>
                                                    > In a message dated 1/17/2004 1:04:37 AM Eastern Standard Time,
                                                    athompso@p... writes:
                                                    >
                                                    > >
                                                    > >
                                                    > > The Cambridge Encyclopedia of the English Language (Ed. David
                                                    Crystal)
                                                    > > claims that, quote, "many general words (of Norse origin) entered
                                                    the
                                                    > > language, nearly 1,000 eventually becoming part of Standard English.
                                                    > > Only c. 150 of these words appear in Old English manuscripts, the
                                                    > > earliest in the treaty between Alfred and Guthrum, and in the
                                                    northern
                                                    > > manuscripts of the Anglo-Saxon Chronicle. They include landing,
                                                    score,
                                                    > > beck fellow, take, husting and steersman, as well as many words
                                                    which
                                                    > > did not survive in later English )mostly terms to do with Danish
                                                    law and
                                                    > > culture, which died away after the Norman Conquest. The vast
                                                    majority of
                                                    > > loans do not begin to appear until the early 12th century. These
                                                    include
                                                    > > many of our modern words which use sk- sounds (an Old Norse
                                                    feature),
                                                    > > such as skirt, sky and skin, as well as most of the words listed
                                                    below.
                                                    > > The closeness of the contact between the Anglo-Saxons and the Danish
                                                    > > settlers is clearly shown by the extensive borrowings. Some of the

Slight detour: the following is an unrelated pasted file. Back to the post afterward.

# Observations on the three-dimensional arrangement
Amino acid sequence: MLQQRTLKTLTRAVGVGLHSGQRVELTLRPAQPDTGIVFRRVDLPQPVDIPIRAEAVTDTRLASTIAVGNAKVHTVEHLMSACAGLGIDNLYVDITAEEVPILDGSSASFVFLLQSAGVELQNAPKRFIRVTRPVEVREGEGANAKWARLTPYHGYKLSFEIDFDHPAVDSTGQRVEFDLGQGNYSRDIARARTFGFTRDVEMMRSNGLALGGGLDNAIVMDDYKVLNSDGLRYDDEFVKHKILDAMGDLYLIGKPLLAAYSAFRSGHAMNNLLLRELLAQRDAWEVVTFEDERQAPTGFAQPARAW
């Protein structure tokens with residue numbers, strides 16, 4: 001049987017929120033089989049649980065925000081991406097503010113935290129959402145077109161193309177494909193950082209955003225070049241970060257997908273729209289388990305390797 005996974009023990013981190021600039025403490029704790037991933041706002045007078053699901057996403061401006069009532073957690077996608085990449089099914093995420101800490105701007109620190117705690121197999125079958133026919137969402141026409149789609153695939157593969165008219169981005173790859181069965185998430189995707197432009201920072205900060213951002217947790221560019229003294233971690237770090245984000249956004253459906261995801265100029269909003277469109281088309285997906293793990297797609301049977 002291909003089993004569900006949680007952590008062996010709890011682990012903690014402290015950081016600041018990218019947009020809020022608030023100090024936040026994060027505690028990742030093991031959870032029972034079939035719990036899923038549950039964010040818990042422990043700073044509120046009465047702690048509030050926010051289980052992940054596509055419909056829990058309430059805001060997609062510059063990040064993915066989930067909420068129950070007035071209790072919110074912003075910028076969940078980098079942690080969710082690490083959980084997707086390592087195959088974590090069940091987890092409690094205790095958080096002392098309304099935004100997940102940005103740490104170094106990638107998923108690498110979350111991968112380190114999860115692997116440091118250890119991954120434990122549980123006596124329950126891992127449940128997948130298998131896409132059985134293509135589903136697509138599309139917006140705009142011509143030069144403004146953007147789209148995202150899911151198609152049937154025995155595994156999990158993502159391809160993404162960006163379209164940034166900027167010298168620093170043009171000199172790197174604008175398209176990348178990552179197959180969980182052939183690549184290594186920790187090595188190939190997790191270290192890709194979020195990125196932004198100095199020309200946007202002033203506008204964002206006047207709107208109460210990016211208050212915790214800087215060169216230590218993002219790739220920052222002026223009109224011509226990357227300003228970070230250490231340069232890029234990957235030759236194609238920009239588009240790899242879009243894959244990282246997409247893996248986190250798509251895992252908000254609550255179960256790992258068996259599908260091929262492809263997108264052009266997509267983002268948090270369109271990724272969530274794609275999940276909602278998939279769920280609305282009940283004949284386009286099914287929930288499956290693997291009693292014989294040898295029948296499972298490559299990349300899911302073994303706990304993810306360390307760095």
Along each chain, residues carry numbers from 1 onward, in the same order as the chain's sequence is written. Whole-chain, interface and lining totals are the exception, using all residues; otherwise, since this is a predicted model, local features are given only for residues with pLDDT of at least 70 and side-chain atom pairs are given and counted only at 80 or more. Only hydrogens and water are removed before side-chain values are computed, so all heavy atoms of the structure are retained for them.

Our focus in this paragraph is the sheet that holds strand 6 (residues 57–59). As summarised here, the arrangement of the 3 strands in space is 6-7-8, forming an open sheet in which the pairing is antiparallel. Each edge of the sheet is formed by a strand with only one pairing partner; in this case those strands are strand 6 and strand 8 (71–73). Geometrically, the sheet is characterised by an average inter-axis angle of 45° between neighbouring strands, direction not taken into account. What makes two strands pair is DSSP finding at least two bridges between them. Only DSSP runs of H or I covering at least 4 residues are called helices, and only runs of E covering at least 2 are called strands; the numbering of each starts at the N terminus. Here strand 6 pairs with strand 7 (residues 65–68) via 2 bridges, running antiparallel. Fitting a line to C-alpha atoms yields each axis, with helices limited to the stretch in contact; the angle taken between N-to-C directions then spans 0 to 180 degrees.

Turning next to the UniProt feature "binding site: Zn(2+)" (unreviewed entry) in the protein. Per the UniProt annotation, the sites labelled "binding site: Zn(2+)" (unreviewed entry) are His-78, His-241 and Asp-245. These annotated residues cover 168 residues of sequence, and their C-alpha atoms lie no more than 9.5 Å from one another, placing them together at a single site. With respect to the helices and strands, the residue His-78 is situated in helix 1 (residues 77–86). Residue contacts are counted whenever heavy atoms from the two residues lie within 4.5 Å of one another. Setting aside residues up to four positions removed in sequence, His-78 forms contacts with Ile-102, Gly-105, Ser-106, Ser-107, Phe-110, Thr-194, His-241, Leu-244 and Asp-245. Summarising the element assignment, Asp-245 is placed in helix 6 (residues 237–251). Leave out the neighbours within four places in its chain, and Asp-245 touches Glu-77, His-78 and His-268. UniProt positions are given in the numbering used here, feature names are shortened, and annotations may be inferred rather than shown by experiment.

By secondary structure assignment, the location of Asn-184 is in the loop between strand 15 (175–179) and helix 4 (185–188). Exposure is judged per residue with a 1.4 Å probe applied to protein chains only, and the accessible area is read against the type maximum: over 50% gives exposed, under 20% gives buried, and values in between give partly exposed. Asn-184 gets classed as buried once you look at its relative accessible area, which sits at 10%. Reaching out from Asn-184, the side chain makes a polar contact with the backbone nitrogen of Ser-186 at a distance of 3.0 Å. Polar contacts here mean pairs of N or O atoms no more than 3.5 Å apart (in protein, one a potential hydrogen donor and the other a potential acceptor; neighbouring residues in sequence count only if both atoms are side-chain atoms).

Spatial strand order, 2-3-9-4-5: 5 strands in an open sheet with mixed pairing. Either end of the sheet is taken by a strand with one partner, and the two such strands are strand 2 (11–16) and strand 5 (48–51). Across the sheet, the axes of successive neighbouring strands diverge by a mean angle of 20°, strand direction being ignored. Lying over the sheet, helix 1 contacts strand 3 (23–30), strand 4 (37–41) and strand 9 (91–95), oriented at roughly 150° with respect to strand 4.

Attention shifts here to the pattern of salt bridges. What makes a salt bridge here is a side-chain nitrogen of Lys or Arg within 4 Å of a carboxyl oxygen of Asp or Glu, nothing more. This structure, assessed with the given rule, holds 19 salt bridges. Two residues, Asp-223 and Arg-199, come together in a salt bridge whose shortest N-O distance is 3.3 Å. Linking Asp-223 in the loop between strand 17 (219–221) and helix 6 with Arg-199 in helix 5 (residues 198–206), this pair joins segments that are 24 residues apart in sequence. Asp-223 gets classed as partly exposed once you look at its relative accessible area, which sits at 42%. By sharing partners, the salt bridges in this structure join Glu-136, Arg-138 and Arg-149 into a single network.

> > commonest words in Modern English came into the language at that
                                                    time,
                                                    > > such as both, same, get and give. Even the personal pronoun system
                                                    was
                                                    > > affected, with they, them and their replacing the earlier forms.
                                                    And the
                                                    > > most remarkable invasion of all - Old Norse influenced the verb to
                                                    be.
                                                    > > The replacement of sindon by are is almost certainly the result of
                                                    > > Scandinavian influence, as is the spread of the third person
                                                    singular -s
                                                    > > ending in the present tense of other verbs.
                                                    > >
                                                    > > A few more Norse loans...again, anger, awkward, bag, band, bank,
                                                    birth,
                                                    > > brink, bull, cake, call, clip, crawl, crook, die, dirt, dregs, egg,
                                                    > > flat, fog, freckle, gap, gasp, get, guess, happy, husband, ill,
                                                    keel,
                                                    > > kid, knife, law, leg, loan, low, muggy, neck, odd, outlaw, race,
                                                    raise,
                                                    > > ransack, reindeer, rid, root, rugged, scant, scare, scowl, scrap,
                                                    seat,
                                                    > > seem, silver, sister, skill, skirt, sly, smile, snub, sprint, steak,
                                                    > > take, thrift, Thursday, tight, trust, want, weak, window"
                                                    > >
                                                    > > While the Encyclopedia says nearly 1,000 words, A.C. Baugh in A
                                                    History
                                                    > > of the English Language suggests that while about this number of
                                                    words
                                                    > > are of almost certain Norse origin, at least as many again are of
                                                    > > probable Norse origin.
                                                    > >
                                                    > > I hope this helps
                                                    > >
                                                    > > -Alyssean